Forum: Ruby What is the best way to iterate through two containers of th

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Mark W. (Guest)
on 2006-03-06 23:50
(Received via mailing list)
If I have two containers c1 and c2 of the same length, what is the
proper "Ruby way" to do this:

c1.length.times {|i|
  # access c1[i], c2[i]
}

I like that Ruby container classes provide their own iterators, but
what I would like to have is something like:

(c1,c2).each {|x1,x2| .... }

I thought of writing my own iterator class so that I could do something
like:

Iterator.new(c1,c2).each {|x1,x2| .... }

but that looks clumsy and inefficient.

I am transitioning to using mostly Ruby (moving away from Java, Lisp,
and Smalltalk) and I would like to use the proper Ruby idioms.
Robert K. (Guest)
on 2006-03-06 23:57
(Received via mailing list)
2006/3/6, Mark  Watson <removed_email_address@domain.invalid>:
> (c1,c2).each {|x1,x2| .... }
>
> I thought of writing my own iterator class so that I could do something
> like:
>
> Iterator.new(c1,c2).each {|x1,x2| .... }
>
> but that looks clumsy and inefficient.
>
> I am transitioning to using mostly Ruby (moving away from Java, Lisp,
> and Smalltalk) and I would like to use the proper Ruby idioms.

If the two are arrays you can use Array#zip:

>> %w{foo bar baz}.zip([1,2,3]) {|a,b| print a, "-", b,"\n"}
foo-1
bar-2
baz-3

For the more general case you can look at Generator
http://ruby-doc.org/stdlib/libdoc/generator/rdoc/

Kind regards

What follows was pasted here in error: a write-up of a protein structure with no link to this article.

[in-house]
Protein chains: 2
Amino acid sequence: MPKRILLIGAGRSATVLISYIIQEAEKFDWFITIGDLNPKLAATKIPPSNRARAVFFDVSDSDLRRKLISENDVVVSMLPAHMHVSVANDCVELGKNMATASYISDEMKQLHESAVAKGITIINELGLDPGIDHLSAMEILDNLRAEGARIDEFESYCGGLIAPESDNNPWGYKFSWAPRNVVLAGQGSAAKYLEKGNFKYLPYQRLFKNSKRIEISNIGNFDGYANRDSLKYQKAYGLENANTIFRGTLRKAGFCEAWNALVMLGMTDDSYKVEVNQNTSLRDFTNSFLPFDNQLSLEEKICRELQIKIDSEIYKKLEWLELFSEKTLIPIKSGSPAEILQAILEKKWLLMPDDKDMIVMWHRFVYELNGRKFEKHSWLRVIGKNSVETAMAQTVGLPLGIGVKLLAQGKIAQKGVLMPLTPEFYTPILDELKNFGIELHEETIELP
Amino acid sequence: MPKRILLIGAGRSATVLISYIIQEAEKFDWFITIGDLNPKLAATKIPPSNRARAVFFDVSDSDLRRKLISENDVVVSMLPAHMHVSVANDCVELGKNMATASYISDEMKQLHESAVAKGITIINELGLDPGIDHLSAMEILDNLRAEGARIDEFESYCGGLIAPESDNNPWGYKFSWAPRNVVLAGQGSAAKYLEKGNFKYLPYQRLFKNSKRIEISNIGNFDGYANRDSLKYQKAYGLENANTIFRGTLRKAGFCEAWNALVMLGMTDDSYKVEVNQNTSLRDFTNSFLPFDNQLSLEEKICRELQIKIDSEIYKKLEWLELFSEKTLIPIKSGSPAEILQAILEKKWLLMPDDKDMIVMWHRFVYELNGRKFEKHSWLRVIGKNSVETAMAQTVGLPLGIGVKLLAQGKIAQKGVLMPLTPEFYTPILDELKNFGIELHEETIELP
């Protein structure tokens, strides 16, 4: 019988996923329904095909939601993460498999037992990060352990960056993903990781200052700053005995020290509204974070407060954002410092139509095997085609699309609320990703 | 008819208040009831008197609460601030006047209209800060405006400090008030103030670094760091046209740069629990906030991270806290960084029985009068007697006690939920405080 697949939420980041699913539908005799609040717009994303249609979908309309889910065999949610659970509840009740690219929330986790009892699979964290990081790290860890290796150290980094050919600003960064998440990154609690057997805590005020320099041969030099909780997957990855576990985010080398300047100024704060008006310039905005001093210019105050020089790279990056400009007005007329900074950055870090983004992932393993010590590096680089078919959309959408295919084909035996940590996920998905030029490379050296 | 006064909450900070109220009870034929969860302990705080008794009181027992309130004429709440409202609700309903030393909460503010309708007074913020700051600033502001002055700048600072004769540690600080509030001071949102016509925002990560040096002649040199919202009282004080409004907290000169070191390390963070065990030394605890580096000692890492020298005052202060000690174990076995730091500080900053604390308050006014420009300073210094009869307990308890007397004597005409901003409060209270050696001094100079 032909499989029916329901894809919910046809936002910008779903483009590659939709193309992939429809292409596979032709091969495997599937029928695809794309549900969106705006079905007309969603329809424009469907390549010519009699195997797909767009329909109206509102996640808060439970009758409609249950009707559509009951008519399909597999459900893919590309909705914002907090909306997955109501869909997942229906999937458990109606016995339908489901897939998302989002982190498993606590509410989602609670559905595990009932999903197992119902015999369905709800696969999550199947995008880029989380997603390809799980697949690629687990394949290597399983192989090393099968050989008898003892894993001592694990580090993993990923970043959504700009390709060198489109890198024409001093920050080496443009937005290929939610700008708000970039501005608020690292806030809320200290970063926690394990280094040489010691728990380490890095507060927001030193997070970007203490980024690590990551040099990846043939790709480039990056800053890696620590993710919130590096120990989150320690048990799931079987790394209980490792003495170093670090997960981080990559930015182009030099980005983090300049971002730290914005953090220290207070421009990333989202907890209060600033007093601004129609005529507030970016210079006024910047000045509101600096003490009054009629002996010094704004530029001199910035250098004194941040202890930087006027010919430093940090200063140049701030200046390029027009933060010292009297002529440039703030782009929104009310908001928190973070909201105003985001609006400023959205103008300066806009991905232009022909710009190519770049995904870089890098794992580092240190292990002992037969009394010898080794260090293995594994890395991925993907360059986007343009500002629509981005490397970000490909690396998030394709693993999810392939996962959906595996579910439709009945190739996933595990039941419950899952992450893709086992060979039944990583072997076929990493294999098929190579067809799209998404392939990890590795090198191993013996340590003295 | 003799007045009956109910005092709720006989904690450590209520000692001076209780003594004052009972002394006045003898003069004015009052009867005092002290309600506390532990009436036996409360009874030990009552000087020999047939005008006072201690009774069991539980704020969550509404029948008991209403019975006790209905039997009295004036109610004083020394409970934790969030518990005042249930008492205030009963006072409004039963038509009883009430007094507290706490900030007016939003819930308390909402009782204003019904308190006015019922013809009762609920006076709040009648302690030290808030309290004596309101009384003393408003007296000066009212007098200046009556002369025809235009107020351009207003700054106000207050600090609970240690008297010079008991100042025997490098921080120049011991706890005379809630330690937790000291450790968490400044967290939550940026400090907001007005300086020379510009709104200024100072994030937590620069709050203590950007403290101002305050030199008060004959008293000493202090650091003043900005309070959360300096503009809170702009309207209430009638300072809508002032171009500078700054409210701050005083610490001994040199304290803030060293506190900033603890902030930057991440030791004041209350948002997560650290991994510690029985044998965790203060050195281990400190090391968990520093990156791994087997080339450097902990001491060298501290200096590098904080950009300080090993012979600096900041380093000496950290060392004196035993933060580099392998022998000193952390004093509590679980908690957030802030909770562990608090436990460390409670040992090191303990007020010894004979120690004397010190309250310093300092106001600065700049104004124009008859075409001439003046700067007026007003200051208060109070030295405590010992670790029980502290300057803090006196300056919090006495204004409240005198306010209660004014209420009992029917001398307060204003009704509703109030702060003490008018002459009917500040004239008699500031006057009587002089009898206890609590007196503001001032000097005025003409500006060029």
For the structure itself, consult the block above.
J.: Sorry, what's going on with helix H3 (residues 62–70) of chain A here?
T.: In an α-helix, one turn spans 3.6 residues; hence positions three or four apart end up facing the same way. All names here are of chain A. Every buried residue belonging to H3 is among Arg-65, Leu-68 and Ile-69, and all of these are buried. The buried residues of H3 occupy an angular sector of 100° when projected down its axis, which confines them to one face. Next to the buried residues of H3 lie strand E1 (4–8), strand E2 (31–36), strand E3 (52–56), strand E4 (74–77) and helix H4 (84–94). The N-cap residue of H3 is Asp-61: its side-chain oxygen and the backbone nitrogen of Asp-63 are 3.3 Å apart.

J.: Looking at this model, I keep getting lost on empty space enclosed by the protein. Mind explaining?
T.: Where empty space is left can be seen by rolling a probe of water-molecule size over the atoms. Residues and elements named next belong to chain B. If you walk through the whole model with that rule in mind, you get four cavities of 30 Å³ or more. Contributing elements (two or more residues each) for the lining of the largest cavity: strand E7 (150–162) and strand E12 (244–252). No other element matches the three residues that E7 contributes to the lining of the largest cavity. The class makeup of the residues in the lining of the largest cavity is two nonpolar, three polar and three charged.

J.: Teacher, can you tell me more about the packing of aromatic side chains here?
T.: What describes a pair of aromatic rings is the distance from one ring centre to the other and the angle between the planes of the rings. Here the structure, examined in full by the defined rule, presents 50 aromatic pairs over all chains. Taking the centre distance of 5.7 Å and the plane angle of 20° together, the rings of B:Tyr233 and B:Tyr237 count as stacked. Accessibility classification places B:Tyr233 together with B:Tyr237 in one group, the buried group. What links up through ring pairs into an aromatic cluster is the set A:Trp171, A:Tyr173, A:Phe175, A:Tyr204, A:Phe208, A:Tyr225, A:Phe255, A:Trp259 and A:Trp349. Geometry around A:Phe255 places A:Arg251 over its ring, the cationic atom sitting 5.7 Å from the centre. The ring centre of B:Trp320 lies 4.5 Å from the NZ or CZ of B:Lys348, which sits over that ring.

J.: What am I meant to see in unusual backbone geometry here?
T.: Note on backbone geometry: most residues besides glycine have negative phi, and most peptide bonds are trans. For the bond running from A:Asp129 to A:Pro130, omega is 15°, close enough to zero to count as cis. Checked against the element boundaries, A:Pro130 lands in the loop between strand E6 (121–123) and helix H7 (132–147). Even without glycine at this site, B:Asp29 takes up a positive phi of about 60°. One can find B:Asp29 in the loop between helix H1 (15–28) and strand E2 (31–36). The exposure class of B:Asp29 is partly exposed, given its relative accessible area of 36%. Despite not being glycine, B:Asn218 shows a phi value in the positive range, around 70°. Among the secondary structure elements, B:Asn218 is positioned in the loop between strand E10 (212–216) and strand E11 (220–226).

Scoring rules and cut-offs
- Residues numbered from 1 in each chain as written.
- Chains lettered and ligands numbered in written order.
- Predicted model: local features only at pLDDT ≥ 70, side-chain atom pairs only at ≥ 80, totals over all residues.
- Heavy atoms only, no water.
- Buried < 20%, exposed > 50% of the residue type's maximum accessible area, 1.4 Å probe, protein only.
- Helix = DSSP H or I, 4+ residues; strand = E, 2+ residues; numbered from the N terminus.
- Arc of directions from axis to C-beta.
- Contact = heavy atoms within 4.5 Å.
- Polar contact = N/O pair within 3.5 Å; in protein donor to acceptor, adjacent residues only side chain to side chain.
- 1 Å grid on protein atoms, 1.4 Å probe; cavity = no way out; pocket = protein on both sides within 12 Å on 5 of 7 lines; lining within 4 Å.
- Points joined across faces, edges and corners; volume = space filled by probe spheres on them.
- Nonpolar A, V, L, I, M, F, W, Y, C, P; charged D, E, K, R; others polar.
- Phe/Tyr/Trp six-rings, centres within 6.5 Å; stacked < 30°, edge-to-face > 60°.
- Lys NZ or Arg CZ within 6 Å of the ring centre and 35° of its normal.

robert
James G. (Guest)
on 2006-03-06 23:57
(Received via mailing list)
On Mar 6, 2006, at 3:48 PM, Mark W. wrote:

> (c1,c2).each {|x1,x2| .... }
You are looking for Enumerable#zip:

 >> letters = %w{A B C}
=> ["A", "B", "C"]
 >> numbers = [1, 2, 3]
=> [1, 2, 3]
 >> letters.zip(numbers) do |letter, number|
?>   puts "#{letter}#{number}"
 >> end
A1
B2
C3
=> nil

You can also use the standard generator library to turn Ruby's
internal iterators into external iterators (like Java's iterators) if
needed.

Hope that helps.

James Edward G. II
gordon (Guest)
on 2006-03-07 00:00
(Received via mailing list)
How about:


foo = ["foo","foo"]
bar = ["bar","bar"]

foo.zip(bar).each do |a,b|
  puts "#{a} #{b}"
end
Logan C. (Guest)
on 2006-03-07 00:03
(Received via mailing list)
On Mar 6, 2006, at 4:48 PM, Mark W. wrote:

> (c1,c2).each {|x1,x2| .... }
> and Smalltalk) and I would like to use the proper Ruby idioms.
>
>

Well there is zip:
irb(main):001:0> [1,2,3].zip([4,5,6]) do |a, b|
irb(main):002:1* puts "#{a} #{b}"
irb(main):003:1> end
1 4
2 5
3 6
=> nil
Wilson B. (Guest)
on 2006-03-07 00:18
(Received via mailing list)
On 3/6/06, Mark  Watson <removed_email_address@domain.invalid> wrote:
> (c1,c2).each {|x1,x2| .... }
>
One way I'm fond of is:
require 'generator'
enum = SyncEnumerator.new([1,2,3], [7,8,9])
enum.each do |pair|
  puts pair.inspect
end
# Results in:
[1, 7]
[2, 8]
[3, 9]
William J. (Guest)
on 2006-03-07 00:21
(Received via mailing list)
Mark  Watson wrote:
> (c1,c2).each {|x1,x2| .... }
>
> I thought of writing my own iterator class so that I could do something
> like:
>
> Iterator.new(c1,c2).each {|x1,x2| .... }
>
> but that looks clumsy and inefficient.
>
> I am transitioning to using mostly Ruby (moving away from Java, Lisp,
> and Smalltalk) and I would like to use the proper Ruby idioms.

foo = %w(x y z) ; bar = [2,4,6]
[foo, bar].transpose.each{|a,b| print a, b, $/ }
  --->
x2
y4
z6
unknown (Guest)
on 2006-03-07 00:30
(Received via mailing list)
Hi --

On Tue, 7 Mar 2006, William J. wrote:

>>
>> and Smalltalk) and I would like to use the proper Ruby idioms.
>
> foo = %w(x y z) ; bar = [2,4,6]
> [foo, bar].transpose.each{|a,b| print a, b, $/ }
>  --->
> x2
> y4
> z6

I don't think $/ is very idiomatic.  See the ToDo file in the source;
it includes:

* discourage use of symbol variables (e.g. $/, etc.) in manual

:-)


David

--
David A. Black (removed_email_address@domain.invalid)
Ruby Power and Light, LLC (http://www.rubypowerandlight.com)

"Ruby for Rails" chapters now available
from Manning Early Access Program! http://www.manning.com/books/black